Mountains are “Europe’s ecological backbone”
Mountains: an asset for the benefit of all Europe
People who go on holidays in mountain areas will not contradict this statement: environment is a strong asset of those regions. The forests, the landscapes, the purity of air and water, the rich biodiversity of those areas do not only benefit mountains’ dwellers, but also Europe in its entirety. For instance, we talk about mountains as being “Europe’s water towers” because the precipitations on their summits flow downstream to provide water to the populations, for irrigation and industrial uses. The European Environment Agency is therefore right to talk about mountains as being ”Europe’s ecological backbone”.
A fragile asset
The characteristics of climate and relief of mountains explain why they have specific ecosystems. Those are often fragile and threatened in particular by human changes of activity (e.g. changes of land use) and by climate change. In fact, mountain areas are recognised by the European Commission as being amongst the most vulnerables areas sensitive to climate change: fast rising temperatures, massive melting of glaciers, changes of precipitation levels and of water courses, evolution of vegetation lines, etc.
Impacts of climate change on mountain areas
There are many impacts of climate change in mountain areas.
Agriculture – The intensification of the hydrological cycle, glacier and permafrost retreat, and the predicted increase in the scale and frequency of extreme events might lead to significant increases in soil erosion and floods, with considerable effects on mountain farming.
Water – The global increase in mean temperatures of 0.8 °C in the last 150 years (2 °C in some mountain regions) has caused glaciers to melt rapidly and new anomalous and unpredictable precipitation patterns pose a threat to the ability of lakes, reservoirs, glaciers, and seasonal ice and snow to accumulate and store water.
Biodiversity – Mountains are particularly susceptible to biodiversity loss as many mountain species can survive only in limited climatic niches. In some mountain areas, warming temperatures have started to push species from lower to higher elevations.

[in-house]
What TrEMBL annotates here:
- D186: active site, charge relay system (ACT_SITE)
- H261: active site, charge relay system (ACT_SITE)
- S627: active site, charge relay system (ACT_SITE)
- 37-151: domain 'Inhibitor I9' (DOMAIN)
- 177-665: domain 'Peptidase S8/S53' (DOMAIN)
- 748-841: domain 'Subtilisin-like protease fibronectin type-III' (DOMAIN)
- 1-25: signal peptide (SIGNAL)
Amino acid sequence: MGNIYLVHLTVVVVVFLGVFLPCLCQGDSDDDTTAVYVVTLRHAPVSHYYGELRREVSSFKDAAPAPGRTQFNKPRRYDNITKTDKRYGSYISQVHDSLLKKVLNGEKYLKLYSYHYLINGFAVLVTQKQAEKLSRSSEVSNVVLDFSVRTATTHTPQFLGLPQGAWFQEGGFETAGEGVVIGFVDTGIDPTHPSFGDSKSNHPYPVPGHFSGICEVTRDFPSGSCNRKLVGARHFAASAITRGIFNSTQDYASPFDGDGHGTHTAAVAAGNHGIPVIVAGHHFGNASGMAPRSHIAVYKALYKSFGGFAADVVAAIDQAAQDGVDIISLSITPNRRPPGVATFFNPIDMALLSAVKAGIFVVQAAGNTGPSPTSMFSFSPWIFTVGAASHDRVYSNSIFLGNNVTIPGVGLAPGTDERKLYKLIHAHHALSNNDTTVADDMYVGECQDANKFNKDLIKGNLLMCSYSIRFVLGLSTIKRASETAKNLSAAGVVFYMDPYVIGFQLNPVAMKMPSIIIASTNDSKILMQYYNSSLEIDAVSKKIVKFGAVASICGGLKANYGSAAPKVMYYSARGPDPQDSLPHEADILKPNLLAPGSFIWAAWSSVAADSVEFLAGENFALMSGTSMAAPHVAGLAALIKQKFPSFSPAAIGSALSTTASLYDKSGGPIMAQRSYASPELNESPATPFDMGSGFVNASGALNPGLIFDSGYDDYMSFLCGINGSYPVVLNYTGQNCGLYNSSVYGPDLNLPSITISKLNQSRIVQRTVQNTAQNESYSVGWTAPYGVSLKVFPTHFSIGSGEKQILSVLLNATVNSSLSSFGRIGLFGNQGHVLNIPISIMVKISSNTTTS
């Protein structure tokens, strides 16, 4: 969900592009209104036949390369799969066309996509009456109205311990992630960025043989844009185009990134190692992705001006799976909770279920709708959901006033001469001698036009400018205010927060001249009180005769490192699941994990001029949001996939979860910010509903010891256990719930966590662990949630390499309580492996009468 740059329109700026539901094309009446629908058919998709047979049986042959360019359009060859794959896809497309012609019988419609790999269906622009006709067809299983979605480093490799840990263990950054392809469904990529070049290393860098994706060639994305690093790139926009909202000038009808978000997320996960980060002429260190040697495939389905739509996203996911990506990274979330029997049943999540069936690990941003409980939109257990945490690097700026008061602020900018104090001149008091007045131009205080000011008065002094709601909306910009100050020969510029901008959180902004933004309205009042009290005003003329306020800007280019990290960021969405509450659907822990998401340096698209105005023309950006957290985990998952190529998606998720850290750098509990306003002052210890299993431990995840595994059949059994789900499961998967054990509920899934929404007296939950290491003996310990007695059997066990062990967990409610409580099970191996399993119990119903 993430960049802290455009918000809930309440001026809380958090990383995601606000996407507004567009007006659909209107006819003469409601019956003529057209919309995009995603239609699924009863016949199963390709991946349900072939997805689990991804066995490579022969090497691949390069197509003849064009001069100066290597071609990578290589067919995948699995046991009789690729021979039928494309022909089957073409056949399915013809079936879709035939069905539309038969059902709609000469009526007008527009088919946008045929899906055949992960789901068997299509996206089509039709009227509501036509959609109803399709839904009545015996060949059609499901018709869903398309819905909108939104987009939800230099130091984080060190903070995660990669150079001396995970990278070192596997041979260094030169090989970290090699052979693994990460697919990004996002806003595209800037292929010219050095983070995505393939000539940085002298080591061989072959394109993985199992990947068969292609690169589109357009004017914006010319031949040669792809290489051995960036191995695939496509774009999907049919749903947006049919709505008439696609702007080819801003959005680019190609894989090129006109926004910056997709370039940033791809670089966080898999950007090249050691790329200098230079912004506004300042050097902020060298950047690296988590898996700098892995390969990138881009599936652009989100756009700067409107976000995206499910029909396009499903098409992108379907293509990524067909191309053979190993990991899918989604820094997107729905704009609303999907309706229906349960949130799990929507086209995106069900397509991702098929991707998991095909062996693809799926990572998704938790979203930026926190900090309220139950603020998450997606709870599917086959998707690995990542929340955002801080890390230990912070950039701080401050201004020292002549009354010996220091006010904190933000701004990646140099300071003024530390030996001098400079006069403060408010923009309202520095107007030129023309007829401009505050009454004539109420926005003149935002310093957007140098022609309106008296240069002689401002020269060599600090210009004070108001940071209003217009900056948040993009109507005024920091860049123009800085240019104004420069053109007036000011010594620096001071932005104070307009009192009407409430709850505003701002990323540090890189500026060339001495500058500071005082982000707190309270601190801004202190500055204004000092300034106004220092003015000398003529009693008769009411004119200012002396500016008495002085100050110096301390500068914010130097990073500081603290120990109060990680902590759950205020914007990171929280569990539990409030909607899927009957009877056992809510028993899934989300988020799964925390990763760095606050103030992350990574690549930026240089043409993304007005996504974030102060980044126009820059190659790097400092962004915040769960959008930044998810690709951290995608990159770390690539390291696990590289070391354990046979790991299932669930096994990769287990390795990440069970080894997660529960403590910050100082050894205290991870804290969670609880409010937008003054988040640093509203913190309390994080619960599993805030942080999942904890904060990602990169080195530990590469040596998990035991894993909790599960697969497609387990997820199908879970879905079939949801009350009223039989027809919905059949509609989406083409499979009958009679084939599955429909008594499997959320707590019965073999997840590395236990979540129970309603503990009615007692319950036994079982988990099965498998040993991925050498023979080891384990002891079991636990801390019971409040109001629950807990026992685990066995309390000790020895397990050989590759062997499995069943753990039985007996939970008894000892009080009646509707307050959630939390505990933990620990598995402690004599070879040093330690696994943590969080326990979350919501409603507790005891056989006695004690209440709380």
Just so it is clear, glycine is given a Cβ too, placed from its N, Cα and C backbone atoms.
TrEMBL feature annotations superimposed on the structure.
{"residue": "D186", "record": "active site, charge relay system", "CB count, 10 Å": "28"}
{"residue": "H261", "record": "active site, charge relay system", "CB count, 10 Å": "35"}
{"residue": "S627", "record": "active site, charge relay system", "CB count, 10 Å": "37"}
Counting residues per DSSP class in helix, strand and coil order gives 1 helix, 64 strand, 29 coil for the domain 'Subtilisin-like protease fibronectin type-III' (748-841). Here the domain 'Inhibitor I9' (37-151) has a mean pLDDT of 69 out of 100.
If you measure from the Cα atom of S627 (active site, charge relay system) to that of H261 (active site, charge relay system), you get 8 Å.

Tourism – Climate change will continue to decrease the availability of snow for winter sports; will increase the risks of natural disasters, affecting transport infrastructure and settlements as well as the security of tourists; and will result in changes to water regimes and the attractiveness of the landscapes on which many aspects of tourism depend.
Natural hazards – Climate change increases the frequency and the strength of natural hazards in mountain areas. Heavy rainfalls lead to floods and landslides, very dry periods lead to fires and the loss of crops and animals, and heavy snowfalls cause avalanches. Changes in local weather patterns alter biodiversity with potentially cascading effects on pest infestations and plant disease rates.
Mountain people and the European population in general must act in favour of the preservation of environment in mountain areas.
- Euromontana’s response to the public consultation on the EU Strategy on Adaptation to Climate Change, March 2018
- Bragança Declaration “Face the challenge of climate change: adaptation for future generations”, October 2017
- Euromontana signed the Mountain Partnership’s Declaration on Mountains and Climate Change for the COP 21, in 2015